Conley, Mitchell, and Gobert are the three-headed dragon that comprise the face of the Jazz’s potent offensive attack, but to reduce their identity to those 3 would do a disservice to the overall offensive philosophy of the team: finding holes in the defense and exploiting them, stretching defenders thin, and attacking openings that present themselves. They do these with constant passing, drive-and-kick, and scorching-hot three-point shooting.
The Jazz shoot the most threes per game – 42.6 – and are 3rd in the league in three-point percentage, at 39.9%. The combination of high volume and high efficiency is uncanny; over the past two wins against the Lakers and the Charlotte Hornets, they hit a combined 50 threes, an NBA record for total three-pointers made in consecutive games.
The value of making the extra pass – passing up a good shot for an even greater shot – is the underlying fuel of their offense. As shown above, the Conley-Gobert pick-and-roll collapses the Lakers defense toward the paint, leaving the weakside an attractive target for Conley.
With Wesley Matthews left to “split the difference” between two weakside players, he is placed in a tough spot. He chooses to close out on O’Neale, who makes the extra pass to Jordan Clarkson for the wide-open shot.
Defenses who make mistakes against the Jazz are almost always made to pay for it. Rotations have to be crisp and lines of communication have to be clear. Otherwise, the Jazz will capitalize and focus on the weakest point created by such mistakes, as the Jazz did to the Hornets above.
“The thing that we’ve talked about is really to take what the defense gives us,” Snyder said after the game against the Lakers. “On any given night, the emphasis is on guys reading the situation and reading coverages.”
The simplistic yet effective nature of the Jazz offense – high pick-and-rolls surrounded by three-point shooting, peppered with occasional movement and off-ball screening – is taking the league by storm, and so far, there has been little indication of any serious foils that may derail the train.
“It’s really unique to have the whole team buy-in to an idea and to a style of play, into a team buying in a sacrificing for each other,” Conley said after the game. “We’ve really bought into being unselfish and getting excited for the next guy [who goes off].”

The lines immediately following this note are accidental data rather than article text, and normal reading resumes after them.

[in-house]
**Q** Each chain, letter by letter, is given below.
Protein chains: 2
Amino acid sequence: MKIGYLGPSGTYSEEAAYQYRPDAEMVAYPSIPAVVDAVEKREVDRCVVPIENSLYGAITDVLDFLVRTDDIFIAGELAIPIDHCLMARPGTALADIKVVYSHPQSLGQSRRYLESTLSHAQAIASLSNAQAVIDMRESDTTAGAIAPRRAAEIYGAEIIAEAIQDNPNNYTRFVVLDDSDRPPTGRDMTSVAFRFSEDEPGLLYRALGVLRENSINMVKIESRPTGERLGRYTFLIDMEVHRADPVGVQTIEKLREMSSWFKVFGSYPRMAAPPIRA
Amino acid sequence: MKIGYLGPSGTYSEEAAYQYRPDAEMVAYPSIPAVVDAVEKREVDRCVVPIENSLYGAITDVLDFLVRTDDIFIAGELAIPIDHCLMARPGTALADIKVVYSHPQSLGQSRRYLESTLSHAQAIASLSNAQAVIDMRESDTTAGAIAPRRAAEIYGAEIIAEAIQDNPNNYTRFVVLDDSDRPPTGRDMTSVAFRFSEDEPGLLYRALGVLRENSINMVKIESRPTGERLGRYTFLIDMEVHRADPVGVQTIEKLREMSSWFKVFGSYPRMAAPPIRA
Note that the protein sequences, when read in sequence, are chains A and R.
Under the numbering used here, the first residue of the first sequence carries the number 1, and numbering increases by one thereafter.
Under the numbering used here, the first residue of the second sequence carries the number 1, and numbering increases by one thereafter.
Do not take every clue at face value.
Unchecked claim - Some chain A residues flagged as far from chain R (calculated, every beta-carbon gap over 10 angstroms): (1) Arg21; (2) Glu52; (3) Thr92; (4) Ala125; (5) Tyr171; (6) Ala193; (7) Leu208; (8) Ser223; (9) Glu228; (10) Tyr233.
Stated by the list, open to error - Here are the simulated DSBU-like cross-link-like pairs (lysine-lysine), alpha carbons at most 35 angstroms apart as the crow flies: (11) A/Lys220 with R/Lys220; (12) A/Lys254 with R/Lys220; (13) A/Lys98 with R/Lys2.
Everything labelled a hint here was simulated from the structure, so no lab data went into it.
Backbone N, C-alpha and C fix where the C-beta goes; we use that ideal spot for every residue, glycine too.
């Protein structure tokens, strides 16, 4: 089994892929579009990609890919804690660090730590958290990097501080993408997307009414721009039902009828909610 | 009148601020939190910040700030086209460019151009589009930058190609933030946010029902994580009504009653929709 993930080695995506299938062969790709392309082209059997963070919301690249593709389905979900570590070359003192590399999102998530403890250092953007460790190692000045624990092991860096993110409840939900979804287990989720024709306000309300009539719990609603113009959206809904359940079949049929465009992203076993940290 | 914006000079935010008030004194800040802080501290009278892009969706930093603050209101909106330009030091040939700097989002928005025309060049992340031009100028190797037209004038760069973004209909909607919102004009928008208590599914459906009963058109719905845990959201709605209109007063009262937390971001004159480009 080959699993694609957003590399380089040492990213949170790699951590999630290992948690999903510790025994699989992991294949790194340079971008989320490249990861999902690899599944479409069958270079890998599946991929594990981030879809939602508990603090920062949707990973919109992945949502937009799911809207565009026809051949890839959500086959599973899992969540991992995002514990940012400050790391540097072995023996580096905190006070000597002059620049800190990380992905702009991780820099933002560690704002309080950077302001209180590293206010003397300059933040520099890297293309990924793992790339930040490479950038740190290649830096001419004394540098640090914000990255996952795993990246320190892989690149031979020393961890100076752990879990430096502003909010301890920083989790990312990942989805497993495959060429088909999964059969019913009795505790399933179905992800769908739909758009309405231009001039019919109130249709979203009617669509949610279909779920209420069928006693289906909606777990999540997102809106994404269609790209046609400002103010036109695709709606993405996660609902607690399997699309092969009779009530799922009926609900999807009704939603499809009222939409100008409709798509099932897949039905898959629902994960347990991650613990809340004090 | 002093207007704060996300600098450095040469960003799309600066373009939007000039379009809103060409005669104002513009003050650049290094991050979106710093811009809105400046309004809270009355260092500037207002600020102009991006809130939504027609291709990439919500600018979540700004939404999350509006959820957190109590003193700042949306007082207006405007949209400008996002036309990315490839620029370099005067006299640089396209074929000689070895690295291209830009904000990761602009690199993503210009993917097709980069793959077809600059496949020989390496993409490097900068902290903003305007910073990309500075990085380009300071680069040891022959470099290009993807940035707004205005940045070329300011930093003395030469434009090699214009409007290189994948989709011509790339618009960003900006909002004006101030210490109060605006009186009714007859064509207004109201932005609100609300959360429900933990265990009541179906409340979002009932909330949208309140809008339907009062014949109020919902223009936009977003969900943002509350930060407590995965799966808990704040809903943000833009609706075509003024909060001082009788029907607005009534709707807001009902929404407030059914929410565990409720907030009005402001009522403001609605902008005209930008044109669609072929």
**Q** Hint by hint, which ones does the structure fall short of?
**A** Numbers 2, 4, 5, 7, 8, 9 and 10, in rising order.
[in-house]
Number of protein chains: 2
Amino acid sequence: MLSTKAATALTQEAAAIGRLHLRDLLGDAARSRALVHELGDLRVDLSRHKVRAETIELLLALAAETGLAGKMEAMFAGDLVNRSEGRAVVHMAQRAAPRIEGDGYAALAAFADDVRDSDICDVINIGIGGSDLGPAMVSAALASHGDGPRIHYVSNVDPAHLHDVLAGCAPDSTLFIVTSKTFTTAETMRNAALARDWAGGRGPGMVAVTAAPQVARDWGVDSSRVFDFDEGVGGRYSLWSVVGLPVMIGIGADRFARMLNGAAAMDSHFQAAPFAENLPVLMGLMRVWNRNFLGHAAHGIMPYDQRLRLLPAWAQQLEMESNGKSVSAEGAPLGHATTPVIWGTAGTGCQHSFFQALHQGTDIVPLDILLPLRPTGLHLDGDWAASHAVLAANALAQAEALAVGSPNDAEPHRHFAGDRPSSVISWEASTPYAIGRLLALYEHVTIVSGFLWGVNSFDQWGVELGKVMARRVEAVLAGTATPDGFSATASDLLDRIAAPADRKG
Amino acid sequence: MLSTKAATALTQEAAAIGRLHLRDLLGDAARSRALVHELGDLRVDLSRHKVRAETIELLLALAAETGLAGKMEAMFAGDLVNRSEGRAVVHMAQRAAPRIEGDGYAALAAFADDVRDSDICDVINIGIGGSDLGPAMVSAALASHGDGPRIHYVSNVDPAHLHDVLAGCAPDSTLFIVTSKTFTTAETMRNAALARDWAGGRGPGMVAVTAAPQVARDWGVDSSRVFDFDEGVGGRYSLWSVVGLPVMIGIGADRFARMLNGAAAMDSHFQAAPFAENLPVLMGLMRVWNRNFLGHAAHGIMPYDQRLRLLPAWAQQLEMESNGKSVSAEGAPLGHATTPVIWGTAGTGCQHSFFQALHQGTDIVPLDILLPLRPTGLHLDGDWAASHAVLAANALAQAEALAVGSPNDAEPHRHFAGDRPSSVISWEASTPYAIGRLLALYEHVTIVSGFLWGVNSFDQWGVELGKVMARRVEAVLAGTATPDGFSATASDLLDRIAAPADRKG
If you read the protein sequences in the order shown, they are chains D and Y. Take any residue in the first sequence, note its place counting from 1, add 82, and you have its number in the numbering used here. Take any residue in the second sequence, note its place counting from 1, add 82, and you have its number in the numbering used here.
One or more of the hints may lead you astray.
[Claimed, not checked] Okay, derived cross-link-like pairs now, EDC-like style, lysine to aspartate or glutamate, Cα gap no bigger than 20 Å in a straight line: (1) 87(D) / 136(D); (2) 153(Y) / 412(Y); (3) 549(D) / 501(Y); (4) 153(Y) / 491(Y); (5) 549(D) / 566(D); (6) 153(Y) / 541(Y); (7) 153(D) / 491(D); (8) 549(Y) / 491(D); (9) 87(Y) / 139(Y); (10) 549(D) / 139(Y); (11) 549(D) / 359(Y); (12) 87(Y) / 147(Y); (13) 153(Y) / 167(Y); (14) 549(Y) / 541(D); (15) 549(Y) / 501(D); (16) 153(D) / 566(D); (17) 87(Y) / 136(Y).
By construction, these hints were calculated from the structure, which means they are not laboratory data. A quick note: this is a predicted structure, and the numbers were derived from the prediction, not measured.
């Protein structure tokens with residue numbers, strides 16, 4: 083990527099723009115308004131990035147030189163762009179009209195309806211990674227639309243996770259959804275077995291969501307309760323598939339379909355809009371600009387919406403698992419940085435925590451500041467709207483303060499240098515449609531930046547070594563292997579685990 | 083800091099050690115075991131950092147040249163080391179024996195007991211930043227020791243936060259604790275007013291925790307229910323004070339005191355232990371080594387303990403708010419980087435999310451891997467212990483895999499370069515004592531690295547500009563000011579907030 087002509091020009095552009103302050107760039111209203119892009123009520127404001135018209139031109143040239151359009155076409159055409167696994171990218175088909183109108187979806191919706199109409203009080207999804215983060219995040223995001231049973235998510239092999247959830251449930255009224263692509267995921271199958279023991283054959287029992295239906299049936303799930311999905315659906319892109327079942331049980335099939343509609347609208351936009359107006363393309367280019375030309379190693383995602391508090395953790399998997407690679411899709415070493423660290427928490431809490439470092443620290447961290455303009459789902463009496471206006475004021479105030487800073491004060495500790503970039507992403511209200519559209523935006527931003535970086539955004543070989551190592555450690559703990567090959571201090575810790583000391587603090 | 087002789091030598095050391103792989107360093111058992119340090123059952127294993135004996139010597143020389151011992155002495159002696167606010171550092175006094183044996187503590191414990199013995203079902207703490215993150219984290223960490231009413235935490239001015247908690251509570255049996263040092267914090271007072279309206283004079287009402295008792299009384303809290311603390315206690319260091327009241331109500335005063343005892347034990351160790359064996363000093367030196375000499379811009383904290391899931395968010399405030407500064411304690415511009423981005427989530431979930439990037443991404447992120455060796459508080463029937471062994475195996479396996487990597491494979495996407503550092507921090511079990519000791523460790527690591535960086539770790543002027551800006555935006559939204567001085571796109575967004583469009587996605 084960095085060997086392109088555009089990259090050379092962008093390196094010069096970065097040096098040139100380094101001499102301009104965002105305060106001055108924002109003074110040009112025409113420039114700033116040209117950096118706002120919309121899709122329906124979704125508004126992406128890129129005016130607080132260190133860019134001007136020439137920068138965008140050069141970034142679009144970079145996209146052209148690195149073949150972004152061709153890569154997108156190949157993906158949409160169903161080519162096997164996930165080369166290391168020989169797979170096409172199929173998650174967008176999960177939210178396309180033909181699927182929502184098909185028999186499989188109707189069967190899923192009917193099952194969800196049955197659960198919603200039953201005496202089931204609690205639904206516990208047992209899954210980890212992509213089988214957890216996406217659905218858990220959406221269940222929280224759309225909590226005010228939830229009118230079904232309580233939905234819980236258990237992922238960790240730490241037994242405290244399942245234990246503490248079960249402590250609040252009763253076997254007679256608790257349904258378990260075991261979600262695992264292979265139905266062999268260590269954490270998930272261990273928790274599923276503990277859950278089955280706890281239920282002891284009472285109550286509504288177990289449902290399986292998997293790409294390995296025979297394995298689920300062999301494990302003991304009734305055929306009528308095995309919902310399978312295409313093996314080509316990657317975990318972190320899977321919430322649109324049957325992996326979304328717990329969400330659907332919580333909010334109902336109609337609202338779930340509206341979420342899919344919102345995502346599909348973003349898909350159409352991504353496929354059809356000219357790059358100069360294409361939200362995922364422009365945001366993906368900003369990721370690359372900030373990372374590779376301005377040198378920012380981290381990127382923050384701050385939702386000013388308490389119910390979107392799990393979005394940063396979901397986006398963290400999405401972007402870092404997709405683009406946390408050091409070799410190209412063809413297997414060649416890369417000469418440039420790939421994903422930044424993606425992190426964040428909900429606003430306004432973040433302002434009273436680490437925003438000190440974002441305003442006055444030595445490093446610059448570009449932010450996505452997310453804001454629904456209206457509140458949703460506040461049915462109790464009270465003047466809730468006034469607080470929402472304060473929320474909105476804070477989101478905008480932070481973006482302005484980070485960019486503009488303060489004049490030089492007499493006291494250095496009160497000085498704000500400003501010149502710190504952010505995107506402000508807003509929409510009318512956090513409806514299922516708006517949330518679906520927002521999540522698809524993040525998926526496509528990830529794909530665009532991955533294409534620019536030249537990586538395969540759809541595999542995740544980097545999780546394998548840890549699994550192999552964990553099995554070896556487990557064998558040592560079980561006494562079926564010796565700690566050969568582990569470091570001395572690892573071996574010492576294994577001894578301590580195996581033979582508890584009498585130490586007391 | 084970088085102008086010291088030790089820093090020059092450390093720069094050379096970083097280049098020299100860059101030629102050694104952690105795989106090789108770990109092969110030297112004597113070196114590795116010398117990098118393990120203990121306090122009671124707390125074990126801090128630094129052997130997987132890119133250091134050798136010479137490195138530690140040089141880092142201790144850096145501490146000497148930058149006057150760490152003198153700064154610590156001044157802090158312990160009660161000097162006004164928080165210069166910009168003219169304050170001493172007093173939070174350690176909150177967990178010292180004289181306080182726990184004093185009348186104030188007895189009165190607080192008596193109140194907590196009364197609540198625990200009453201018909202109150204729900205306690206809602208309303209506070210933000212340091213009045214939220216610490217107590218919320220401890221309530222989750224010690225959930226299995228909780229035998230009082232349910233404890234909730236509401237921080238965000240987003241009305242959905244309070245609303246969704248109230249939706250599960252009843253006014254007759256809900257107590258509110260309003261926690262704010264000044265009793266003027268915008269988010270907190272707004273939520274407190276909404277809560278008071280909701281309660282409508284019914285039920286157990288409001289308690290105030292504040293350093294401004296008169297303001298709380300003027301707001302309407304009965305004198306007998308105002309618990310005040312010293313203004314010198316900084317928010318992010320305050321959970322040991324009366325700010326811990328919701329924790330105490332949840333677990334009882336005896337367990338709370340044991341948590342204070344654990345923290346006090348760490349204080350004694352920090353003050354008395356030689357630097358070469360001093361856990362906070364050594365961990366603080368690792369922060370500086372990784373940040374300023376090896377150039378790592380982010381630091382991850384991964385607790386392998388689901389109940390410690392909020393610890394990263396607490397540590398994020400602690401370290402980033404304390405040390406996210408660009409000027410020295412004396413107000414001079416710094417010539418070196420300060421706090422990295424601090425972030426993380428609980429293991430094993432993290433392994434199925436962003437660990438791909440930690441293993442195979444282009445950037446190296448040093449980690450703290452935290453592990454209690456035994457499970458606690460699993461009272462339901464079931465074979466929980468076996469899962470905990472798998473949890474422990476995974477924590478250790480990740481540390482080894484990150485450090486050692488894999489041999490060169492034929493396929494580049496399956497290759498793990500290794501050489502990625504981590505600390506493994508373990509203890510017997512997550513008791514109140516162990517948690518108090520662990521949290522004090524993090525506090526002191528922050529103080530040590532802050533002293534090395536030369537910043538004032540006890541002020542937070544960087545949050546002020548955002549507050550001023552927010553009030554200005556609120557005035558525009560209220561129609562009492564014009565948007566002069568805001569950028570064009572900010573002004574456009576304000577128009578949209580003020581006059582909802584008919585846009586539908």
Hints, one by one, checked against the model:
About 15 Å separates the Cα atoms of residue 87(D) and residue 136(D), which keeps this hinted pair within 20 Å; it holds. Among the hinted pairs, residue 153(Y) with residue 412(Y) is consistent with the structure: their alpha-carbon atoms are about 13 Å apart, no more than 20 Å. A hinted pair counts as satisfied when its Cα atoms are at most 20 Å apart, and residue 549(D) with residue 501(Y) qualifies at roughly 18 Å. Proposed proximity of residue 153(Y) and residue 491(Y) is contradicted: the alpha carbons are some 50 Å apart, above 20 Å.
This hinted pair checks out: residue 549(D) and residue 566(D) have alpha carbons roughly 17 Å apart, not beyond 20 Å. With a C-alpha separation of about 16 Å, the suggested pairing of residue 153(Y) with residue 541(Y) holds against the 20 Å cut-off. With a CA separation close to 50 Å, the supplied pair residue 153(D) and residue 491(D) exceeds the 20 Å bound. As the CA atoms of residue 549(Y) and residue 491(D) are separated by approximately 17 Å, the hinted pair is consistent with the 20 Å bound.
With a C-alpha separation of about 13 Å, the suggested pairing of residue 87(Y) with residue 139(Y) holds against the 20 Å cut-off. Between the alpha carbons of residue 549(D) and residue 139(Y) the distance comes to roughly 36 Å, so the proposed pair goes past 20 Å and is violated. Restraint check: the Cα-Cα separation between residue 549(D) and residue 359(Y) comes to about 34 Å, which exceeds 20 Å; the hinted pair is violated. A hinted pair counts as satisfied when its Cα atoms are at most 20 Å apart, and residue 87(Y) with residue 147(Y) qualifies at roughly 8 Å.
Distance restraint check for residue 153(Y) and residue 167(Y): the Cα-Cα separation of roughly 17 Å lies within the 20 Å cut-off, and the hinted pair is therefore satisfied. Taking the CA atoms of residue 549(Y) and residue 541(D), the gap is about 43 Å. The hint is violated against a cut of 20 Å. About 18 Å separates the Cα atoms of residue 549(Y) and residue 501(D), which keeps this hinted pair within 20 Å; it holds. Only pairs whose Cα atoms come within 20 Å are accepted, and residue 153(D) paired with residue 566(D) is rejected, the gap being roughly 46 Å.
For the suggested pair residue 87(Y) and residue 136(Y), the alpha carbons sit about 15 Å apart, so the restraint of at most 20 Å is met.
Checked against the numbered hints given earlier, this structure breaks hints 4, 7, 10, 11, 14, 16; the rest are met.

The Jazz are 4th in offensive rating, scoring 116.7 points per 100 possessions. They are bested in that department by only the Brooklyn Nets, Milwaukee Bucks, and LA Clippers, all of whom are offensive juggernauts in their own right. But they currently lead the league in net rating, outscoring opponents by 9.9 points per 100 possessions.
What differentiates the Jazz from those 3 teams has been their defense: 106.8 points allowed per 100 possessions, 2nd in the league behind the Lakers.
Gobert is the obvious factor when it comes to that. As he has been throughout most of his tenure with the Jazz, he is the anchor, the foundation upon which their defense was built and where it continues to thrive. His intimidating rim presence discourages opponents from trying their luck in the paint. They stutter and hesitate, afraid of getting their shot blocked. Sometimes, Gobert doesn’t even have to do anything other than be there.
Those who are brave enough to try their luck against Gobert are often sent away easily. Not much can get past someone who is averaging 2.8 blocks per game this season – on pace to become a career high in single-season blocks per game.
Opponents shoot 6.2% worse at the rim when Gobert is on the floor, up there among the best at his position at 93rd percentile, per Cleaning the Glass.
Having someone like him roaming in the paint allows a considerable margin of error when it comes to perimeter defense. Teammates funneling penetration to Gobert has become acceptable, trusting in his ability to swat shots or discourage them altogether.
But Gobert is by no means an excuse to do away with overall team defense, and the Jazz are aware of that.
Intelligent defending is the name of the Jazz’s game. They take away shooters’ open looks, and dare teams to take inefficient long-twos or midrange shots. They are one of the rare teams in the league who don’t allow themselves to be controlled by what the offense does, but rather, force offenses into the kinds of shots they want them to settle with.
“Regardless of who we’re facing or who’s playing or who’s not playing, we want to make sure that we come in every single night with a mindset of defending,” Gobert said after the game. “It’s all about getting better.”
Which is the scariest thing about this particular version of the Jazz. They are already sublime on both ends of the floor – blitzing opponents with their shooting while making them bleed for their points – but there is still plenty of room for them to grow.
Only a few teams have given off that certain vibe of impending dominance – the dynasty Warriors and the Big 3 era of the Heat, to name a recent few. Those teams have lived up to expectations and eliminated all semblance of doubt on their way to winning titles.
While the Jazz certainly don’t belong in that conversation yet, they are slowly creeping in, and doubting them has become harder and harder as the wins and statistics keep piling up. – Rappler.com